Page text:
There are many breakthrough warfighting technologies available to U.S. Air Force planners, but perhaps only 10-20% of the projects have any chance of being funded for the foreseeable future, according to the service’s chief of staff.
The concepts include weaponry — both kinetic and directed energy — for the intercept of enemy ballistic missiles and the attack of low-orbiting space objects, as well as warheads that destroy, befuddle and misinform enemy electronics. They come in various sizes to fit 1-ton bomb casings, cruise missiles and long-range air-to-air missiles.
Cyber surveillance devices and weapons are already being introduced into the service’s arsenal, but as their sophistication goes up, so does the price. The brakes already are being applied to all these and other advanced concepts. The Air Force already has the largest cybersecurity budget of any of the services at $622 million for fiscal 2011, or 34% of the Pentagon’s $1.82 billion cybersecurity total for that year.
“After an early period of substantial aspirations [particularly in cyber activities], we have recalibrated,” says the Air Force chief of staff, Gen. Norton Schwartz, who is slated to retire in August. “That’s in part the recognition that this is a mission that will take time and expertise to do well.”
It also is a result of a decision to concentrate first on traditional air force missions. Demonstrations, like the service’s Suter experiments, have already proven that a data beam can be formed on an aircraft, filled with malicious algorithms and then fired into an antenna attached to a networked enemy defense system. The invasive code can show what enemy sensors see, take over as system administrator and invade outlying parts of the network through wireless communications links.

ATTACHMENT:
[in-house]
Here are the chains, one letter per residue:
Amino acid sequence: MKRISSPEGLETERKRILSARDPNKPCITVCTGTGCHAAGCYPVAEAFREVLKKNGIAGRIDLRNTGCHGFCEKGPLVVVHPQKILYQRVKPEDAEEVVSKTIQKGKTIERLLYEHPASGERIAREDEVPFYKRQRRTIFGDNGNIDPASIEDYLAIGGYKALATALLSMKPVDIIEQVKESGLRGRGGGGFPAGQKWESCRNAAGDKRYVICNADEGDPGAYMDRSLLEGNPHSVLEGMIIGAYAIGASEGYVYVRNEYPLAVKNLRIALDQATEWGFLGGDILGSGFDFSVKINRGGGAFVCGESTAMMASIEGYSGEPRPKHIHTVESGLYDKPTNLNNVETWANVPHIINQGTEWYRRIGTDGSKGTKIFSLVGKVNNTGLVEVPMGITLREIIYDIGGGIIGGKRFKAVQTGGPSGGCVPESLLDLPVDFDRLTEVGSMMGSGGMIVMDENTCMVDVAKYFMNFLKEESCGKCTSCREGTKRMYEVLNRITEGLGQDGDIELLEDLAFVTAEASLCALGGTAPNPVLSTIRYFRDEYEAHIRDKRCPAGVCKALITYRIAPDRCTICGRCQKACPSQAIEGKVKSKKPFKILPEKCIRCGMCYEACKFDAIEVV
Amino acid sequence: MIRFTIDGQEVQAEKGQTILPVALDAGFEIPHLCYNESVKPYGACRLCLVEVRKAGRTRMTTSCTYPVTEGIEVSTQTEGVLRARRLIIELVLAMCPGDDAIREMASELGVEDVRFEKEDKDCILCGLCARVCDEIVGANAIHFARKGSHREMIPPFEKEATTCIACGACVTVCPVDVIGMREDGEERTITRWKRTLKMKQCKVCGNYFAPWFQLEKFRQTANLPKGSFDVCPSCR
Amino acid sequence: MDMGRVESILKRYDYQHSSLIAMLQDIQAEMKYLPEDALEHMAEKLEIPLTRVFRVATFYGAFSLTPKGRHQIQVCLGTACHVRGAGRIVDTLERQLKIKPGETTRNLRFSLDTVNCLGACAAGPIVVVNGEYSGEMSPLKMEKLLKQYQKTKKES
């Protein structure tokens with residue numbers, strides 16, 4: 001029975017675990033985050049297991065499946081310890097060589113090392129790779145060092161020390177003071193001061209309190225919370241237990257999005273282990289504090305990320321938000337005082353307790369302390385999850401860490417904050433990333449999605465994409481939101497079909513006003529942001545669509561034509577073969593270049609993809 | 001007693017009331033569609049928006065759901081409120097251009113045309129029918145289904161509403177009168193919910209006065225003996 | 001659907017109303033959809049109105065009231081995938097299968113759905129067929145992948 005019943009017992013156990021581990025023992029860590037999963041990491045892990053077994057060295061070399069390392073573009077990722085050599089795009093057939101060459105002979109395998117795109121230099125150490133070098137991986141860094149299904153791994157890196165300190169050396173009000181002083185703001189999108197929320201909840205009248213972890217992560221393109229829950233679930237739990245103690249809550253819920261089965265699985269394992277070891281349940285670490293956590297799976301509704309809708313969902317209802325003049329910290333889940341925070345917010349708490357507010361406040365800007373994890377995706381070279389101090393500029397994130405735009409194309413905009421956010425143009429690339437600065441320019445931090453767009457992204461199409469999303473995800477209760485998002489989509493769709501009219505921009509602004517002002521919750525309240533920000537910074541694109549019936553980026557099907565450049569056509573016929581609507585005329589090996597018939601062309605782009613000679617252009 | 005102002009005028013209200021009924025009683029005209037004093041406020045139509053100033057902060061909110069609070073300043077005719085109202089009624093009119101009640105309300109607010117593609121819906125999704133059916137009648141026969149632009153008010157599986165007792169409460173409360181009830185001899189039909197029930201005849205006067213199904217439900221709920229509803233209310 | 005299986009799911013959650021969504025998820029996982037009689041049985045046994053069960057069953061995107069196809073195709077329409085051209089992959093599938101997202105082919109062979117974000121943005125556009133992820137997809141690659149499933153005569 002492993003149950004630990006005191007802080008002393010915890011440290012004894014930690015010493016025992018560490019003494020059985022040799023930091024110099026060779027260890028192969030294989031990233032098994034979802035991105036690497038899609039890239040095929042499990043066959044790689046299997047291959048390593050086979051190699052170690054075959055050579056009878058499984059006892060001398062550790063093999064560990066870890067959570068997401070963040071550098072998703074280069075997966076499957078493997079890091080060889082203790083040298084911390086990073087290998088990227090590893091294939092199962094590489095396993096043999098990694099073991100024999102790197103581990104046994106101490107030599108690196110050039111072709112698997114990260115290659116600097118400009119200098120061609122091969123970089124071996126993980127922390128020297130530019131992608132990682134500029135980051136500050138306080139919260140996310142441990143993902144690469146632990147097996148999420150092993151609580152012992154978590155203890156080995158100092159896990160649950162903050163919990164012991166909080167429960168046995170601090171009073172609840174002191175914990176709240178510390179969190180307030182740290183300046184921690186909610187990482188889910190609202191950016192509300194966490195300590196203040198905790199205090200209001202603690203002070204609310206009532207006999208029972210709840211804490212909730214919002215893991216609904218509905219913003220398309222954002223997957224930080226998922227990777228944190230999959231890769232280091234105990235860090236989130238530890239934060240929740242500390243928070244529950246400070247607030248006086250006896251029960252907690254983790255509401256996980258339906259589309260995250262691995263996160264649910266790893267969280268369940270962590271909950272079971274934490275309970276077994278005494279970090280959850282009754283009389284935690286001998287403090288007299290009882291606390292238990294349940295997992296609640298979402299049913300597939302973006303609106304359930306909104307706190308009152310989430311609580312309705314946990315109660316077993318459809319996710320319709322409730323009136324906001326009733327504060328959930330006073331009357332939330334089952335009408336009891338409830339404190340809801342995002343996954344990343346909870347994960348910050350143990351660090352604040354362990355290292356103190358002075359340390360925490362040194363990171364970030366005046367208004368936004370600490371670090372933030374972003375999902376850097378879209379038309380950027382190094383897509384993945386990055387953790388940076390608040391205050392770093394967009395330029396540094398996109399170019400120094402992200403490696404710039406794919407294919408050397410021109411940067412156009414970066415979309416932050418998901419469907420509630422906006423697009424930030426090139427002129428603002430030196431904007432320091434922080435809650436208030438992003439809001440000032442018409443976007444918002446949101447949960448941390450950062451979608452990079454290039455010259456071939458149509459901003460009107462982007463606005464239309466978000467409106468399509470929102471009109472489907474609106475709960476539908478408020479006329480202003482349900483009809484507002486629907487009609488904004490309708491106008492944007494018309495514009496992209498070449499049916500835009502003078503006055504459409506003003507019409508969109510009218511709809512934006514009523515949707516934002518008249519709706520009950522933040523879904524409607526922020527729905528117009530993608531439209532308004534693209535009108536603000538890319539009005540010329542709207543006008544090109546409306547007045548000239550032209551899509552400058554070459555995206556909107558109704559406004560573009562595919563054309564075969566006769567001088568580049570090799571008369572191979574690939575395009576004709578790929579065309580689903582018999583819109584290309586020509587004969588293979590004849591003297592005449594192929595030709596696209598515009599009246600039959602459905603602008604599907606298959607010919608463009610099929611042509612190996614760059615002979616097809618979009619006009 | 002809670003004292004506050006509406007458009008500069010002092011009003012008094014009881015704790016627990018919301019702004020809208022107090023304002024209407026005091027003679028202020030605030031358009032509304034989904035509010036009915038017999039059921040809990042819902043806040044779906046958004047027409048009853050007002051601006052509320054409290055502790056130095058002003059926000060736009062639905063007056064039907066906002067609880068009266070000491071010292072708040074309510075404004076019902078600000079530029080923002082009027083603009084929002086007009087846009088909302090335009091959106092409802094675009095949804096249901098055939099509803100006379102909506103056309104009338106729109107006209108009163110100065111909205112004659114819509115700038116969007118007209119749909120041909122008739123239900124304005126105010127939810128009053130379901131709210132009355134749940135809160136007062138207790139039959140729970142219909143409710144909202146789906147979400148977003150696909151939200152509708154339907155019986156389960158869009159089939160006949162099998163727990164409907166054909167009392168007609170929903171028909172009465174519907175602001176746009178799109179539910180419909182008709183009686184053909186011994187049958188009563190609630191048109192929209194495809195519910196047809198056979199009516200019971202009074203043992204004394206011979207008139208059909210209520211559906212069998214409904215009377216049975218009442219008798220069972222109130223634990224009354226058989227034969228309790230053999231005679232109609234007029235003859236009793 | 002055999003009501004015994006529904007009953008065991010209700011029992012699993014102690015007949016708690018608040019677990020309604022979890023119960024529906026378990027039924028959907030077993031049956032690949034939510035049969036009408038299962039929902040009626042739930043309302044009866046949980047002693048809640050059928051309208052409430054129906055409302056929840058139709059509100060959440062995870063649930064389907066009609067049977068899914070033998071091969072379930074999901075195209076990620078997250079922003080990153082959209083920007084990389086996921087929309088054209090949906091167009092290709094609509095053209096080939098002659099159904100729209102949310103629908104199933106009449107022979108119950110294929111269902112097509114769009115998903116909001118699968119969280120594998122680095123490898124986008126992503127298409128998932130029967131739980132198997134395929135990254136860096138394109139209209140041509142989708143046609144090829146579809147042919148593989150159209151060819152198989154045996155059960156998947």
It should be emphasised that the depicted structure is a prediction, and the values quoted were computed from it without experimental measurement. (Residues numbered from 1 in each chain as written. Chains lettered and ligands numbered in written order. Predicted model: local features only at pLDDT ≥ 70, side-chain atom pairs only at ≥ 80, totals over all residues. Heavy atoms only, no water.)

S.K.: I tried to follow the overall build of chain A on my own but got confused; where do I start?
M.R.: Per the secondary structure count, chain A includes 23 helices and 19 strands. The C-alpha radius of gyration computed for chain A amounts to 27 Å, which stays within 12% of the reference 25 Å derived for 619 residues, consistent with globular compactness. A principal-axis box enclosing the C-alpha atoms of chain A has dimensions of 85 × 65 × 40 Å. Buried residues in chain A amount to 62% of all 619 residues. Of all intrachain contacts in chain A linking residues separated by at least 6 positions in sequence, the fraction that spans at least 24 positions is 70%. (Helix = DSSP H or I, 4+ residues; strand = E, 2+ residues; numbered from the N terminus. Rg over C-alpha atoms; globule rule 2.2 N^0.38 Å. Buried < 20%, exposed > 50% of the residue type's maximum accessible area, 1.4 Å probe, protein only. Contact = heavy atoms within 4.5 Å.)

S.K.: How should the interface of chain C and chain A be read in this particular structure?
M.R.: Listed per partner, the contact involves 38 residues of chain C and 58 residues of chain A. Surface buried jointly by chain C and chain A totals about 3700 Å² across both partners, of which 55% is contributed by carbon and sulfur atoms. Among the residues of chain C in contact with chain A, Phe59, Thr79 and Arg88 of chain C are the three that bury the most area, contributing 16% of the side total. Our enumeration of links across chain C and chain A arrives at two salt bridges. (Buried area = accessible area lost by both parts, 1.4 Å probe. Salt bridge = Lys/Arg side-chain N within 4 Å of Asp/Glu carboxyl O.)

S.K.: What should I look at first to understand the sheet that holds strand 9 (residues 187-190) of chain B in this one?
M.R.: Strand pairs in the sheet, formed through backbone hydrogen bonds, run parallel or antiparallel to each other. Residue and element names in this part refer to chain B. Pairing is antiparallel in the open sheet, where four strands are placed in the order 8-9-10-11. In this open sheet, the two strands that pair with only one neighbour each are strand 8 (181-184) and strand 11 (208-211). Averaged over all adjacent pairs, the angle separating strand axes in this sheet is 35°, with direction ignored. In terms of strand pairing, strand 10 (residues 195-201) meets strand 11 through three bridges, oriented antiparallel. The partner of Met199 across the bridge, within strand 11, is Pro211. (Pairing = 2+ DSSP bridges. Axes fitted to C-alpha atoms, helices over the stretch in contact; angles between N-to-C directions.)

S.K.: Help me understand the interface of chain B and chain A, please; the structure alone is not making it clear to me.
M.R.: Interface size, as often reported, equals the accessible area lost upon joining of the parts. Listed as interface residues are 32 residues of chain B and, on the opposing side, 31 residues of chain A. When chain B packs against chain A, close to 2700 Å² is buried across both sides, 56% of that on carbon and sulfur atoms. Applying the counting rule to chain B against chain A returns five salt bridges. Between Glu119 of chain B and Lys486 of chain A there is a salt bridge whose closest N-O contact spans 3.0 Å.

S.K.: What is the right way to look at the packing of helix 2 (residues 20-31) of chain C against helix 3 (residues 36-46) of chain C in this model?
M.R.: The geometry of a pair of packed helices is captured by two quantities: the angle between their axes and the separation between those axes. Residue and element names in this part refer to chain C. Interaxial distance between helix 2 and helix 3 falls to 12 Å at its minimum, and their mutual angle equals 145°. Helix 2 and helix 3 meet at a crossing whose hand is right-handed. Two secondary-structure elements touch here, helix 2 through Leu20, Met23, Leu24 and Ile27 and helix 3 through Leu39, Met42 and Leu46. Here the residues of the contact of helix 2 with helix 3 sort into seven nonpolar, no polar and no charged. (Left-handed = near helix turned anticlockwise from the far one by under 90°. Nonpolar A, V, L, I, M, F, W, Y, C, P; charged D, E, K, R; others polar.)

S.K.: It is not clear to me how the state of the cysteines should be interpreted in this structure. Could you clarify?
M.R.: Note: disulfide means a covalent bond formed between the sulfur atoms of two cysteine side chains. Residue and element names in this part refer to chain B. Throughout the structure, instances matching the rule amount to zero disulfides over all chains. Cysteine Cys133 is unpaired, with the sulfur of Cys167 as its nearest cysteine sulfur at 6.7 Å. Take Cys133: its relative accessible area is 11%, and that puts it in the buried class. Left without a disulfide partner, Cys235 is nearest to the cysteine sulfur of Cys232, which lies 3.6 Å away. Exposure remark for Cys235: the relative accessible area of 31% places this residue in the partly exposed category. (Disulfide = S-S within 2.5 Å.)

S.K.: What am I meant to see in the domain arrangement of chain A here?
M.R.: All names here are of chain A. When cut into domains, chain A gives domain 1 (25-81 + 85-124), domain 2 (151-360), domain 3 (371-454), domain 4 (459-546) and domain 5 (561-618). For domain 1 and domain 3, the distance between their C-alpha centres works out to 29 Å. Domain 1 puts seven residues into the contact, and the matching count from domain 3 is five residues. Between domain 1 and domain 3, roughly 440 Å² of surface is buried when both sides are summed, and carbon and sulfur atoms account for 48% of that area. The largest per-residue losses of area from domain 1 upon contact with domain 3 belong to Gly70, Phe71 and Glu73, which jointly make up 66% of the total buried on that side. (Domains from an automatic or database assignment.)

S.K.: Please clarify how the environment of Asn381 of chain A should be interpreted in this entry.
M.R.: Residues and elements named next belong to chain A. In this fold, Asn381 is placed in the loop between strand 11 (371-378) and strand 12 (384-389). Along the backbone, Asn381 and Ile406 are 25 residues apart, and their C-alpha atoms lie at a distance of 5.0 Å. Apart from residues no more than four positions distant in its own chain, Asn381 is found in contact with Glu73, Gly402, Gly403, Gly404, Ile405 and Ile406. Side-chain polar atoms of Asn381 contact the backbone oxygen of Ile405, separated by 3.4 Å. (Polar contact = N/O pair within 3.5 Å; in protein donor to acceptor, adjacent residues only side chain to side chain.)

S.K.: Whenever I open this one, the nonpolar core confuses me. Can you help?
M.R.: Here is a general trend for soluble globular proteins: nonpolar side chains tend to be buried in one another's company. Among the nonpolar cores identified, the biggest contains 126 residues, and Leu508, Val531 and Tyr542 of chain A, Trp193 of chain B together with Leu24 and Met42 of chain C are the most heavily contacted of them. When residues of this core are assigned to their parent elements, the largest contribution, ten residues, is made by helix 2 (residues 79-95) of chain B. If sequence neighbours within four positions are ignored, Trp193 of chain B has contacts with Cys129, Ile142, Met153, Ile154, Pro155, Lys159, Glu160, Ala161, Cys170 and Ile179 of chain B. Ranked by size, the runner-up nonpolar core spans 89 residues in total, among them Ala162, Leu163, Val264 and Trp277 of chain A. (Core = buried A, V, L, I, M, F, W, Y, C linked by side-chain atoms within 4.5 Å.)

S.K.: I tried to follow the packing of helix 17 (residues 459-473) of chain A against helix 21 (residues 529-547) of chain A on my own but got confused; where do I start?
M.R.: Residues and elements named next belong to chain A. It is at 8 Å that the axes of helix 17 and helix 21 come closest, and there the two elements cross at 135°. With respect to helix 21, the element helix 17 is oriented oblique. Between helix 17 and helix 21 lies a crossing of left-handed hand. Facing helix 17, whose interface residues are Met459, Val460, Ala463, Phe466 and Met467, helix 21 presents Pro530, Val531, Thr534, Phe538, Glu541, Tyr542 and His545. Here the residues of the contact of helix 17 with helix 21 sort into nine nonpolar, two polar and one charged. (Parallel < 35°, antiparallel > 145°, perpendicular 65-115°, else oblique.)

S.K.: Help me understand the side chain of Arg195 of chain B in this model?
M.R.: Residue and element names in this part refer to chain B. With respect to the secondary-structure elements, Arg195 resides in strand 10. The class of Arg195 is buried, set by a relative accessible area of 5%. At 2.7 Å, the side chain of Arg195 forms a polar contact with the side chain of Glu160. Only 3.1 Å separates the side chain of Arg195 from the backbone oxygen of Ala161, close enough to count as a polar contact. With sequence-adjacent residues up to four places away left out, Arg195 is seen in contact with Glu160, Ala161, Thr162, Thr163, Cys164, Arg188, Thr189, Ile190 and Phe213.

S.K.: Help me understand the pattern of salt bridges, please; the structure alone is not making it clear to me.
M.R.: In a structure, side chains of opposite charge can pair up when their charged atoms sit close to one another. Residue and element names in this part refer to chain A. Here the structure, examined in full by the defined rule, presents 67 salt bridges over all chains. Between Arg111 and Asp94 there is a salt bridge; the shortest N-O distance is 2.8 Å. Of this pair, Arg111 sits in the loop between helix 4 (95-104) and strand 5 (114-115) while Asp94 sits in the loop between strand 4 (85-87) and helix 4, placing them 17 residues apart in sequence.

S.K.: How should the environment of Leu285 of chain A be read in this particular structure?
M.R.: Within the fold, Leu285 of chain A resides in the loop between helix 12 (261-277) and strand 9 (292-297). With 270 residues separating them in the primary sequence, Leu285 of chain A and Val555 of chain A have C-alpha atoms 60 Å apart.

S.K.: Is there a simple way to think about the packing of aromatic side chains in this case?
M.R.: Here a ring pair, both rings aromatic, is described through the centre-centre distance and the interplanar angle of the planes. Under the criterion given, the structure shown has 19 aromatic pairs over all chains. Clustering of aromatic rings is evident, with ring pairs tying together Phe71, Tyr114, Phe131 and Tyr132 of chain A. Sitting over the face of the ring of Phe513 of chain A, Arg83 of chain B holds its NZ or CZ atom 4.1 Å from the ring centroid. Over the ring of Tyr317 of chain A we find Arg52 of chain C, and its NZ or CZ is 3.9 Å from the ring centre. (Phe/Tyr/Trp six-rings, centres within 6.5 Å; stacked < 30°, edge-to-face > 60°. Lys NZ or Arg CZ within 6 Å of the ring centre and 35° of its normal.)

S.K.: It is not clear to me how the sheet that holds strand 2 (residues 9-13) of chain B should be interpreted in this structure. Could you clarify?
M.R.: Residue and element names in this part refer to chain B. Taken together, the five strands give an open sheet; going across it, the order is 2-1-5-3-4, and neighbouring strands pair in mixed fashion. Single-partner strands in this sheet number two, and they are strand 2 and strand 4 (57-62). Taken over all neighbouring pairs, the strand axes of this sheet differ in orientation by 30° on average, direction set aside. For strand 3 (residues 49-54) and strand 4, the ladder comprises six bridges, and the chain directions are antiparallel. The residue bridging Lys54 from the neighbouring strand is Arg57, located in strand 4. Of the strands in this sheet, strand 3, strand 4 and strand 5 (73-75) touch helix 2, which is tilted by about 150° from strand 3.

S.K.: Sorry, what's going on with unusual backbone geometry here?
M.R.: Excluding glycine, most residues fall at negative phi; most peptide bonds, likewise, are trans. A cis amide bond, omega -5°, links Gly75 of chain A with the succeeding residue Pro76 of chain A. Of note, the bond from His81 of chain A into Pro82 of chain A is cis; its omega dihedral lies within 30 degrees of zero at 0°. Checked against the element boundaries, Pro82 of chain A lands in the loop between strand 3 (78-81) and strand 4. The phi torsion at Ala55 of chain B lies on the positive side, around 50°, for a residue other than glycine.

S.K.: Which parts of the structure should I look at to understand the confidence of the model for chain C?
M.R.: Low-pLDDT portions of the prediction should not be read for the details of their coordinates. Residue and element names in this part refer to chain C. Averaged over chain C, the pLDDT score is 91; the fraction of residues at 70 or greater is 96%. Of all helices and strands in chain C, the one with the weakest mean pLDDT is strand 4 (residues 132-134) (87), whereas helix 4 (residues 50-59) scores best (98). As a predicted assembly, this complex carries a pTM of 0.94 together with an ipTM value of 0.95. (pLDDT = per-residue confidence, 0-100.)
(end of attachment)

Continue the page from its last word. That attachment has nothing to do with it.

“Integrated air defenses are an area of [Air Force] interest,” Schwartz says. “There are various ways to engage in that. Some are kinetic [bombing] and some, perhaps increasingly, are non-kinetic.”
Those options include the use of cyber, electronic attack and directed-energy weapons. In addition to technology, some of the capabilities also have to do with intelligence preparation of the battlefield, as well as tactics, techniques and procedures. Nonetheless, high-power microwave (HPM), cyber, boost-phase intercept (BPI), anti-satellite (ASAT) and electronic-attack weapons could all move forward as tactically useful devices, but the expense is proving prohibitive.
“I think we are going to have to be selective for a while,” Schwartz says. “This is clearly an area for [science and technology investments], but while in the past we could pursue five to six applications, now it will be one or two. HPM clearly has potential. There are others [like Russia in particular] that have done more in these areas than we have. Clearly this is an area for continuing efforts. The Air Force will be part of that.”
However, choices are being made. The Mk. 84 bomb project has fallen by the wayside for now. Part of that decision was based on the available power sources.
“There is more to [directed energy applications] than meets the eye,” Schwartz says. “It deserves continued effort at Eglin [AFB, Fla.], Kirtland [AFB, N.M.] or the National Laboratories.”
The BPI and ASAT missions — plus the longer-range, higher-speed interceptor missiles and advanced warheads and sensors that go with them — also will receive attention again.